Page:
Stories such as this one highlight the potential for them to continue to wreak havoc upon any chance of a recovery. We NEED to (re)build from the bottom up and inconsistencies such as a “spread” from £8,400 – £108,000 is all the justification a reluctant lender needs.

Where will the innovation come from, if “creative destruction”, from within crumbling institutions is stifled and small business starved of funding? If finance is about making an advance (loan) in anticipation of the rewards exceeding risk, doesn’t it mean that INNOVATION is a more stable (and robust) form of currency?

The timing of this piece is of particular interest to me and to Ontonix as we have just rated a rating agency (Moody’s)…check other recent blog items…and, of course, we have our own scientific, objective, rating service!

Rate a business (OntoNet)

Small and medium enterprises (SMEs) in Britain face a ‘lucky dip’ when it comes to credit ratings, Management Today reports.

Following news that poor consumer demand and rising costs have put extra pressure on SMEs, it is important to keep a good credit rating so companies can get the best prices on business insurance.

However, a new investigation into credit rating agencies has found that many are giving out contradictory ratings to similar companies.

One company received credit limits varying from £8,400 by one agency, up to £108,000 by another.

Poor credit ratings can severely harm a business, causing refused loans or high interest rates on loans that may be necessary for business growth, while also making it harder to get good business insurance rates.

via SMEs facing credit ratings ‘lucky dip’ claims new investigation.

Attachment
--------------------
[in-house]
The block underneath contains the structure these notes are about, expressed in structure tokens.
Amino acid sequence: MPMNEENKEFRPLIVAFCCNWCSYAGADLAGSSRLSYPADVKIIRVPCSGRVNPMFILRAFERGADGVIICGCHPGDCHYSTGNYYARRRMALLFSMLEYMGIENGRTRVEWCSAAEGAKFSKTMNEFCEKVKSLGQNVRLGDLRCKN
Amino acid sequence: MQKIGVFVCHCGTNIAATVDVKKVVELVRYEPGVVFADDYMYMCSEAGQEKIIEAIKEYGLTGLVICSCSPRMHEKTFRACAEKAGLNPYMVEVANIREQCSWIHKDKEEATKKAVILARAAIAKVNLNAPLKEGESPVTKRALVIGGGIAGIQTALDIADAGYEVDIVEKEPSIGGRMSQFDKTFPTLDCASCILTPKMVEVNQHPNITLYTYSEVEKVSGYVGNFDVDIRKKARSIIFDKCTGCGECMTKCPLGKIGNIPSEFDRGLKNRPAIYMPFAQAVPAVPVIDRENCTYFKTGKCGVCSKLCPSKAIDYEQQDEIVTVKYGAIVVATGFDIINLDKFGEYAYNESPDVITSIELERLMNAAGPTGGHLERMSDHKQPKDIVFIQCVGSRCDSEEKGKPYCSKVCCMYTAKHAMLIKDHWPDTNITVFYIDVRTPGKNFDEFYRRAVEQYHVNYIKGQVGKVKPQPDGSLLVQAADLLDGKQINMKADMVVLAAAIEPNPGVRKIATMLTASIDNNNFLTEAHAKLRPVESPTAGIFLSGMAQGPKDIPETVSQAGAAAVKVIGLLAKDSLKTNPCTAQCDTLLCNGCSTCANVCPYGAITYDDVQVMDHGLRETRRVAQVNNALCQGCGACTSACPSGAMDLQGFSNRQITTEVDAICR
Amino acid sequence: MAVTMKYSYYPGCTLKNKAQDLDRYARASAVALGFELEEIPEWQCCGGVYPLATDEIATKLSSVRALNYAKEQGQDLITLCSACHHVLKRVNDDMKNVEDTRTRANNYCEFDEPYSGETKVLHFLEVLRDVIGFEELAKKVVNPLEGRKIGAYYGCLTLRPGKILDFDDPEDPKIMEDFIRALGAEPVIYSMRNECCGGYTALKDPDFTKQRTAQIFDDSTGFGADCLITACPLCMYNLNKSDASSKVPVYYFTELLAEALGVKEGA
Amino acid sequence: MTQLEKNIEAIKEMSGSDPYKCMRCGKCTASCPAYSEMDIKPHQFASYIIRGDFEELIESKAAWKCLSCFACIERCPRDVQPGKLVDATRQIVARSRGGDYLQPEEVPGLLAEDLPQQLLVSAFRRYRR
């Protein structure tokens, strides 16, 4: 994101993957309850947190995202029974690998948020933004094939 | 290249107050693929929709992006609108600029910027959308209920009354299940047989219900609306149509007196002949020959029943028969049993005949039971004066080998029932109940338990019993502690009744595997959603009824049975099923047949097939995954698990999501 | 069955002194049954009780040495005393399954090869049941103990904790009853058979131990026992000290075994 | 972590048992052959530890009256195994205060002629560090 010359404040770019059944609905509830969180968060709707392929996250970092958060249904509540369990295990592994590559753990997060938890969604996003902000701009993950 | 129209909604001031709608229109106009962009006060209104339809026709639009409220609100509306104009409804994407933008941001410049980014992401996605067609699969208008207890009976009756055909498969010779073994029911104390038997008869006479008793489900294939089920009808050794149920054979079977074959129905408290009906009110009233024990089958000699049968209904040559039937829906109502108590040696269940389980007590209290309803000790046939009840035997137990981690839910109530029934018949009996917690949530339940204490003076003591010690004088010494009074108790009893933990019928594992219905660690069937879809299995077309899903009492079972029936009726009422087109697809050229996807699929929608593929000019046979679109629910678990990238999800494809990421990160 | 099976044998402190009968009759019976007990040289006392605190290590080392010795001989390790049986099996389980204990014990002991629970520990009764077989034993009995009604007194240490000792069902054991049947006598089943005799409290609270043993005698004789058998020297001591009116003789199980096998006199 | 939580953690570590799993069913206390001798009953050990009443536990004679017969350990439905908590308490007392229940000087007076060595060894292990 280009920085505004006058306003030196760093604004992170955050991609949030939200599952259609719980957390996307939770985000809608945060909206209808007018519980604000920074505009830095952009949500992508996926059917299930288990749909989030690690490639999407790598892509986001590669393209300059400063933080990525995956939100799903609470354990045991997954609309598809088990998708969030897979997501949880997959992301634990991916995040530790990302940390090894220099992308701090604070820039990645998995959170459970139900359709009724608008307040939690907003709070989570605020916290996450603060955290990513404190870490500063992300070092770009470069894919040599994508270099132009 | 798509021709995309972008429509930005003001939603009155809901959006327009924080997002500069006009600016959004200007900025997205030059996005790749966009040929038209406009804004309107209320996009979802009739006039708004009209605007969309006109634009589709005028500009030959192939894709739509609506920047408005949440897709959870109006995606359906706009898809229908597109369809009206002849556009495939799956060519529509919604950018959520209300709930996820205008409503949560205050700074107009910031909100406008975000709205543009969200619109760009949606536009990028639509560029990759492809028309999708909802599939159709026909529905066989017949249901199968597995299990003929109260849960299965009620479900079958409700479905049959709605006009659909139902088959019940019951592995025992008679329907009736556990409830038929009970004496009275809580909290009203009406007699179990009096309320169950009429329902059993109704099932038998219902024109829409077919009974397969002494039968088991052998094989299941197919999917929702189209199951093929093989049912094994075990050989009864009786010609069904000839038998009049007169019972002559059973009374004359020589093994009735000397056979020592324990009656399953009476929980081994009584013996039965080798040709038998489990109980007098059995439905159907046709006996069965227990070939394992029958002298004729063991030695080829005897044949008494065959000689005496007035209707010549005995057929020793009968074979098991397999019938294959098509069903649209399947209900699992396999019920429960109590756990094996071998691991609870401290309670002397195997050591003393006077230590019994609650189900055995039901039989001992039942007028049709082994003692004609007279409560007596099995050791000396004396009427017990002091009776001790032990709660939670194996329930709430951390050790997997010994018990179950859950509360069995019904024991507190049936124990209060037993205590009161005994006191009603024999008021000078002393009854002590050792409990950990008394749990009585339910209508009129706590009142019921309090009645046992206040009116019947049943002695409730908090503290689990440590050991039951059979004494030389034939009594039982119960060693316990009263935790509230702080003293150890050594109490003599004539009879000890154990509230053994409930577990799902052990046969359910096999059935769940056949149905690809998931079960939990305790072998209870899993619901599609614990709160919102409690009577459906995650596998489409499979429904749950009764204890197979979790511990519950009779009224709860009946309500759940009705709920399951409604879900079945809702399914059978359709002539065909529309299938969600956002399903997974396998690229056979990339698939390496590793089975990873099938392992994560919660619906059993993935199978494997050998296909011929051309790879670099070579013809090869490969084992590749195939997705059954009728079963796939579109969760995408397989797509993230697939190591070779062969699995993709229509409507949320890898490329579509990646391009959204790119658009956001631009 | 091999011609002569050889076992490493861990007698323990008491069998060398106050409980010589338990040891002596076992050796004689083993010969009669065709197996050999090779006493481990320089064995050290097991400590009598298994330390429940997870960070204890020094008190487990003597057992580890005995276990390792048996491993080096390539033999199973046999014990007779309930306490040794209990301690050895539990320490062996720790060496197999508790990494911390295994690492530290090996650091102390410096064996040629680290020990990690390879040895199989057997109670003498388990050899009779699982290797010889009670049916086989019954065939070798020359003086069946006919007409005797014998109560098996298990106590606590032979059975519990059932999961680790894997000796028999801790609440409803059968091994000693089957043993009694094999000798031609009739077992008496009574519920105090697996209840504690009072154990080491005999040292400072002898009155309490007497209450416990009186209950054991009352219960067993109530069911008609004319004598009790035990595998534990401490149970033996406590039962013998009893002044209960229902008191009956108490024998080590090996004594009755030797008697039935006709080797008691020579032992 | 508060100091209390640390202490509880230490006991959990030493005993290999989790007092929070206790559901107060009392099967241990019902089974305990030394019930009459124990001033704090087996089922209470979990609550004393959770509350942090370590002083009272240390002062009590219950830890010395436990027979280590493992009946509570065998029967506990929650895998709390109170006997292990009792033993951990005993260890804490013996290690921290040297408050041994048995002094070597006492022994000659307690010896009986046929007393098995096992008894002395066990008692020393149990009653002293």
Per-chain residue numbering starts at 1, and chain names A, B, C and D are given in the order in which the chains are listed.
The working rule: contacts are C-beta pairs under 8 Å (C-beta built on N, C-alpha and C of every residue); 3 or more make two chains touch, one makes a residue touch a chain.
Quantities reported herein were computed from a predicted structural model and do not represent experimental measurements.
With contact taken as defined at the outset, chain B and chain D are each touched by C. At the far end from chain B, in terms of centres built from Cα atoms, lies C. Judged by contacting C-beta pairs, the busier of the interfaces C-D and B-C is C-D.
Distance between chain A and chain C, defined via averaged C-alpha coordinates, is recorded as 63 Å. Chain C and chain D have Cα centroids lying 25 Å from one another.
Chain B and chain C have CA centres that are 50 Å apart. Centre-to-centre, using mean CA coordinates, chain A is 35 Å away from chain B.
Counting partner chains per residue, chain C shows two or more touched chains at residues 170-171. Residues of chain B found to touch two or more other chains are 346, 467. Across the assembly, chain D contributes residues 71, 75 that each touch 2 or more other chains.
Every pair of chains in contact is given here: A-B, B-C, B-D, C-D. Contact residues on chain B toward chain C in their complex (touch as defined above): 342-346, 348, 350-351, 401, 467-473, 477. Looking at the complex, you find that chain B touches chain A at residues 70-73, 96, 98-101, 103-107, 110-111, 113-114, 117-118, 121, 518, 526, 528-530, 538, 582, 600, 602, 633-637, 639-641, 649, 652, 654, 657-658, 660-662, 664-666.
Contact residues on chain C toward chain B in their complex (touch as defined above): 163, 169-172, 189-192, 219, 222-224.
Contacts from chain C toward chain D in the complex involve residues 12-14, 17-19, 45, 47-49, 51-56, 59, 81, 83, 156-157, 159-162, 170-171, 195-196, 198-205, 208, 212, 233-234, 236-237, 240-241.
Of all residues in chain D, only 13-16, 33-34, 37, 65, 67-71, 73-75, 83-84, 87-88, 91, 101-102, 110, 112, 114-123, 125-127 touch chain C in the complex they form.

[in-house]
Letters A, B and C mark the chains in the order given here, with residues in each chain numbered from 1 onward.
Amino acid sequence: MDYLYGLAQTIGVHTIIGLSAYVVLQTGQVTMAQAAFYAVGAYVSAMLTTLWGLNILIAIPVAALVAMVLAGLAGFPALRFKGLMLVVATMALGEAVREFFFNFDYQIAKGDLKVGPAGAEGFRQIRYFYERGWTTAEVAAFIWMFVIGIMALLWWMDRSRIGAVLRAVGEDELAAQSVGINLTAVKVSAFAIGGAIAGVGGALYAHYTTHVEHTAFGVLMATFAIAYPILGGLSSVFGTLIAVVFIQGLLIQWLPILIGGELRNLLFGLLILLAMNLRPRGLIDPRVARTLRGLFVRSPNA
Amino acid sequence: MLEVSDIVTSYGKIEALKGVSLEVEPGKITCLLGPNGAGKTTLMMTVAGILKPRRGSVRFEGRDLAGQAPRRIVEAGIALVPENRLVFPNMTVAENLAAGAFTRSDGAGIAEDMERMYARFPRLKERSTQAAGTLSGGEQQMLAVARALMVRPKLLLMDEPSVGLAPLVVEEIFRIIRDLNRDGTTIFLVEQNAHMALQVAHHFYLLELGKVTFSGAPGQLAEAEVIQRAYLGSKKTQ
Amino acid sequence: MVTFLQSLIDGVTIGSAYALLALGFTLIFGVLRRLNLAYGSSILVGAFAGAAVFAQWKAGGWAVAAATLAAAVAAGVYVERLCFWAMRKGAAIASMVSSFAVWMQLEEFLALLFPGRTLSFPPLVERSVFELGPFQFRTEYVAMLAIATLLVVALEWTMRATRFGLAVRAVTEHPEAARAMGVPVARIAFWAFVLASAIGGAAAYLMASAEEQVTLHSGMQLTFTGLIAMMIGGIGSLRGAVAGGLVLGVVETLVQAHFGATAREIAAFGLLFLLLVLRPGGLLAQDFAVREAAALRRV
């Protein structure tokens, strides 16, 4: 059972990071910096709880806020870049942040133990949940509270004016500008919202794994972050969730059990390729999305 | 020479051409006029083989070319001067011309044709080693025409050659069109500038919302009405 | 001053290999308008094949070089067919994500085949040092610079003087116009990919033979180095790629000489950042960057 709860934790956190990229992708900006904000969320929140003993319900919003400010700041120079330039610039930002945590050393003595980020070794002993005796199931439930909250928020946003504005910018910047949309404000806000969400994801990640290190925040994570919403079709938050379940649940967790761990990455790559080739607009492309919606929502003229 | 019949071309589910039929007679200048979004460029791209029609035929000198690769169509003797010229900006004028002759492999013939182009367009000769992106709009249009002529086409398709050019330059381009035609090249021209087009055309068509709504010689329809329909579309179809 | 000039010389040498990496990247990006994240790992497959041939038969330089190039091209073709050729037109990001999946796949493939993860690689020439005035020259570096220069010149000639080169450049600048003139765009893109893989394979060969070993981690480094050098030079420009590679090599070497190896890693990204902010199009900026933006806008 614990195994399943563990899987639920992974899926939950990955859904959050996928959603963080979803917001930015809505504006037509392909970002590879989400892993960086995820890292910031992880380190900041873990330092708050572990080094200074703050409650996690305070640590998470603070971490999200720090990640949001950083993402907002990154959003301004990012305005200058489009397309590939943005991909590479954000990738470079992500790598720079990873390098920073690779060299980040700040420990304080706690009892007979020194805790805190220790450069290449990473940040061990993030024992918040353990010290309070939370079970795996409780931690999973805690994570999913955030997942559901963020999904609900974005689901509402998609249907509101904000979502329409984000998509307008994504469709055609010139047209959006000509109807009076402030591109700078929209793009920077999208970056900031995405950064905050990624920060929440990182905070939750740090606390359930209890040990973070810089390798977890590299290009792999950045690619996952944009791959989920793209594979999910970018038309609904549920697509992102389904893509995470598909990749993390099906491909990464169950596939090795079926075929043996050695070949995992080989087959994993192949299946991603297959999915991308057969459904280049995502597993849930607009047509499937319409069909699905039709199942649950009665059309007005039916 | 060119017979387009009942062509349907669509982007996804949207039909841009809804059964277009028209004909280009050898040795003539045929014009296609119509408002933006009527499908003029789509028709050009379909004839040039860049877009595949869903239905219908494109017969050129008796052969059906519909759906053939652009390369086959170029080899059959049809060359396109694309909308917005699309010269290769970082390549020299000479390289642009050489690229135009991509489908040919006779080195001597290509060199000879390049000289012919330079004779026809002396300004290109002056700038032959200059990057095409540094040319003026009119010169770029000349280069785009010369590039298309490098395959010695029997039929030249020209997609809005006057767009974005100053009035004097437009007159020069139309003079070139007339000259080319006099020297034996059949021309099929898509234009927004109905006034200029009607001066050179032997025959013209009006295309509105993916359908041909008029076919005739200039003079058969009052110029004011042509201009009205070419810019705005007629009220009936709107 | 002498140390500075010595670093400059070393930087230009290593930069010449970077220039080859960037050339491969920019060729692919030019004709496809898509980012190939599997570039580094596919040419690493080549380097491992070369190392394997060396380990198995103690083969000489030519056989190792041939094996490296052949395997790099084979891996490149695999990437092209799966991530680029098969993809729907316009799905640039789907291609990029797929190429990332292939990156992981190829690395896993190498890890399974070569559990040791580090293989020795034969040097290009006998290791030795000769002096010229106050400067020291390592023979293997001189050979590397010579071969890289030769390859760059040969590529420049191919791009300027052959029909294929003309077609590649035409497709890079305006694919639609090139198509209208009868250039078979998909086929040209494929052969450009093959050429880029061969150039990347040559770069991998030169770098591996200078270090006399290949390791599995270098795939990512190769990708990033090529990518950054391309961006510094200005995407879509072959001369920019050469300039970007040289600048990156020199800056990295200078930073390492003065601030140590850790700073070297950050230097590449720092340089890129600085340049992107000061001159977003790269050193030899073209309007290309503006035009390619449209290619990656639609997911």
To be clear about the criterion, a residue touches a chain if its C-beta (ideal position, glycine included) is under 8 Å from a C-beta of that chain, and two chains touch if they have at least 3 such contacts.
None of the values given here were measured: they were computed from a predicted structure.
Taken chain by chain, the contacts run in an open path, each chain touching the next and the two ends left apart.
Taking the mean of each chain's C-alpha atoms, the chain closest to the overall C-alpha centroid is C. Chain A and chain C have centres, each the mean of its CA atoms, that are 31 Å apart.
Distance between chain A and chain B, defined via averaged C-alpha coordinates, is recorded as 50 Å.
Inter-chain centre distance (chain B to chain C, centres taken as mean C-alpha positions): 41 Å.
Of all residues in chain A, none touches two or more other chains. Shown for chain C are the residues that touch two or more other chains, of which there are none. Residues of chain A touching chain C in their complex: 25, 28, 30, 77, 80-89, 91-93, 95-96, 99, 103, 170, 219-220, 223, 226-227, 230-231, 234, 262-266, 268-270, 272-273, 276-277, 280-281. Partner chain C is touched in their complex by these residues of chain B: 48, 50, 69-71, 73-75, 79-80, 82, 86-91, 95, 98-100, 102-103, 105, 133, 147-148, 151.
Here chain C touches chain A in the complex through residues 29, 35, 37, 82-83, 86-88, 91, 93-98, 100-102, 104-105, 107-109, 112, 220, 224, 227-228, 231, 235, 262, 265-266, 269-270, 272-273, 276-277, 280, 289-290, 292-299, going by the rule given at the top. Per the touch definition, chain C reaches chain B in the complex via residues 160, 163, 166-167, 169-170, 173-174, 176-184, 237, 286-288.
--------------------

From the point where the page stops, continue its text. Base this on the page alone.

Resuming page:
Ontonix: Ratings – From an Opinion to Science

In January 2011 The Financial Crisis Inquiry Committee claimed that “The three credit rating agencies were key enablers of the financial meltdown”. Failing investment banks and large corporations enjoyed investment-grade ratings days before collapse.

Rating agencies claimed that ratings represent a mere opinion. And this is precisely the problem. Rating agencies represent a fundamental source of information for investors. Investors will evidently tend to invest in assets that are judged as investment-grade rather than junk. However, the First Amendment of the U.S. Constitution protects “publishers” guaranteeing them the freedom of speech.

A method of rating does not have to be perfect (is financial data 100% accurate?). But it has to be consistent. Serious science starts with consistent measurements. You can always improve a metric, make it more accurate, but you must use it consistently. If you don’t then mathematics indeed becomes an opinion and we don’t want that. Read more of this post